Brown headed for the chopping block in Cleveland with 47 starts over five seasons.
Cleveland decided his 172 tackles and 17 sacks weren’t enough to pay a $2.5 million roster bonus to see if he’d get healthy.
The Browns cut him the day before the bonus was due, ending his Cleveland Browns career.
Brown signed with the Denver Broncos in 2005 and appeared in 13 games with 24 tackles and two sacks.
He impressed the Broncos enough to sign a contract extension through 2009.
The knee injury that cost him several stretches in Cleveland showed up before Brown could take the field again.
After failing a physical leading up to the 2007 season, Brown was cut by the Broncos and saw his short and injury-riddled NFL career end.
When Brown ends up being mentioned, it’s usually as a comparison to the guy who was taken 198 picks after him – the seven-time Super Bowl-winning QB Tom Brady.
Tom Brady was pick No. 199 in the 2000 NFL draft. The No. 1 pick (Courtney Brown) last played in 2005. #SCFacts pic.twitter.com/wTMzsOBAbt
— SportsCenter (@SportsCenter) February 15, 2018
Staying Quiet in Retirement
Many stories of highly-rated, top NFL draft picks who bust out of the league usually involves a tragedy.
Brown didn’t have the off-the-field issues that befell Ryan Leaf or Todd Marinovich.
He didn’t fail because he wasn’t focused or got caught up in the money and fame.
A cavalcade of injuries derailed the career of a well-respected and highly-regarded person who looked forward to living his life after his football career ended at 27 years old.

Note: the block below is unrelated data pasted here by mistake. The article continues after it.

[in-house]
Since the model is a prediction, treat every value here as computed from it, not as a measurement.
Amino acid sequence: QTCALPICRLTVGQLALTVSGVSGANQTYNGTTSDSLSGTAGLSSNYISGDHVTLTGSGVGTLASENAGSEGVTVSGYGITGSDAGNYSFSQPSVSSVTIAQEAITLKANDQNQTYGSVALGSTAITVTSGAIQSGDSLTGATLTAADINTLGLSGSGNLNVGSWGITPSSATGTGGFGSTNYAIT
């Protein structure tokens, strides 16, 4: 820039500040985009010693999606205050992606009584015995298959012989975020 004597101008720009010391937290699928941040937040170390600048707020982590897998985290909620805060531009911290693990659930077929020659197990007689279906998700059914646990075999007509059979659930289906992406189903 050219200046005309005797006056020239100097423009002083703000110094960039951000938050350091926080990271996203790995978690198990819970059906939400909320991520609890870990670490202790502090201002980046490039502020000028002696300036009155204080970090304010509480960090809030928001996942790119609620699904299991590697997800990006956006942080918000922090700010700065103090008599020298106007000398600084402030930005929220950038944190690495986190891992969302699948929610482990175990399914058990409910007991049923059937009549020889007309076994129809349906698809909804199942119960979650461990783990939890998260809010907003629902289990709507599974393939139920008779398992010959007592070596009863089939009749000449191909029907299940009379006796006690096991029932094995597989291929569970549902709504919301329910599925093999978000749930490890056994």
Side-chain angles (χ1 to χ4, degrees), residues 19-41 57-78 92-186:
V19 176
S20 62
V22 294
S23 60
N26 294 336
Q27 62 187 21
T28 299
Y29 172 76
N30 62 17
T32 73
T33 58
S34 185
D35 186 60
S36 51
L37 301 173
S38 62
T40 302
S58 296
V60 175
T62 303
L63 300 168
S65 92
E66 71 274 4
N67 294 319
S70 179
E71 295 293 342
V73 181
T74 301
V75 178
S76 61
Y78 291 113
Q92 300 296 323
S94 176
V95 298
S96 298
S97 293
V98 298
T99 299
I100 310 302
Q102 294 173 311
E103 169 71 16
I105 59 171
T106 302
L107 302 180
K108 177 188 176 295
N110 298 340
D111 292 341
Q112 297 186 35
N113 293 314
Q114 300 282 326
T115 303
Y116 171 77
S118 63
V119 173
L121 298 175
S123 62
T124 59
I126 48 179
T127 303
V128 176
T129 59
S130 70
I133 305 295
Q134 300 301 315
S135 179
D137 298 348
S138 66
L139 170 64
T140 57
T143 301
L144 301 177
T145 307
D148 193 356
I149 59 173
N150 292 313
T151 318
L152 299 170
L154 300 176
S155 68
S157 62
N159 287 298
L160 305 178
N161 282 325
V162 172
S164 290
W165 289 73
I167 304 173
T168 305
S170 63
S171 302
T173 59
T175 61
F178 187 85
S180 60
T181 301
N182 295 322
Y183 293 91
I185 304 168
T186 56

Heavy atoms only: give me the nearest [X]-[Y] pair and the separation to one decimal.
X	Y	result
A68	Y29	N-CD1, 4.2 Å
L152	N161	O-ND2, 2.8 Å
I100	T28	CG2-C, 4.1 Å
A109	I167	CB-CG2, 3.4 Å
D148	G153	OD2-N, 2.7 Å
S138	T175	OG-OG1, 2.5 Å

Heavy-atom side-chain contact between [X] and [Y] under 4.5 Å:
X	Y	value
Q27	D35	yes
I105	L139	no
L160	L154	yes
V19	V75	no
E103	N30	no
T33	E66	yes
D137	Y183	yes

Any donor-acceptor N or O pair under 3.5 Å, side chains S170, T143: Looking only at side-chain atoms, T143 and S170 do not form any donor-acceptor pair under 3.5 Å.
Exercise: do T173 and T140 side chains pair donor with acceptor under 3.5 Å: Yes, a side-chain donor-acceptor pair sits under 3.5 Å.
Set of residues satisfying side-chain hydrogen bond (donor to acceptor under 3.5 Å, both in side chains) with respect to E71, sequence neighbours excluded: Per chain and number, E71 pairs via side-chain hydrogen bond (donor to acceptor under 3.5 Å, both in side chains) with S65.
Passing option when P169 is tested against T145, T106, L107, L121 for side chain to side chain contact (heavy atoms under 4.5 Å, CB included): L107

Not unexpected, Brown has stayed quiet in his post-NFL life.
When Brown was coming out of Penn State, he refused to allow the university to release the names of his professors, divulge his courses, and wouldn’t allow Sports Illustrated to interview him in his campus apartment.
Brown’s quiet demeanor has been perplexing journalists since his days at Penn State.
“You’re frustrated by Courtney, aren’t you?” Arrington said to a reporter in a 2000 Sports Illustrated article. “You can’t figure him out. That’s the way he likes it. He doesn’t want people to get a handle on him.”
It’s no surprise that information on Brown is few and far between when scouring the internet.
If there’s one thing he’s been consistent about, it’s his lack of desire to seek attention.
His strong religious beliefs appear to have led him to the Dominican Republic, where he does missionary work.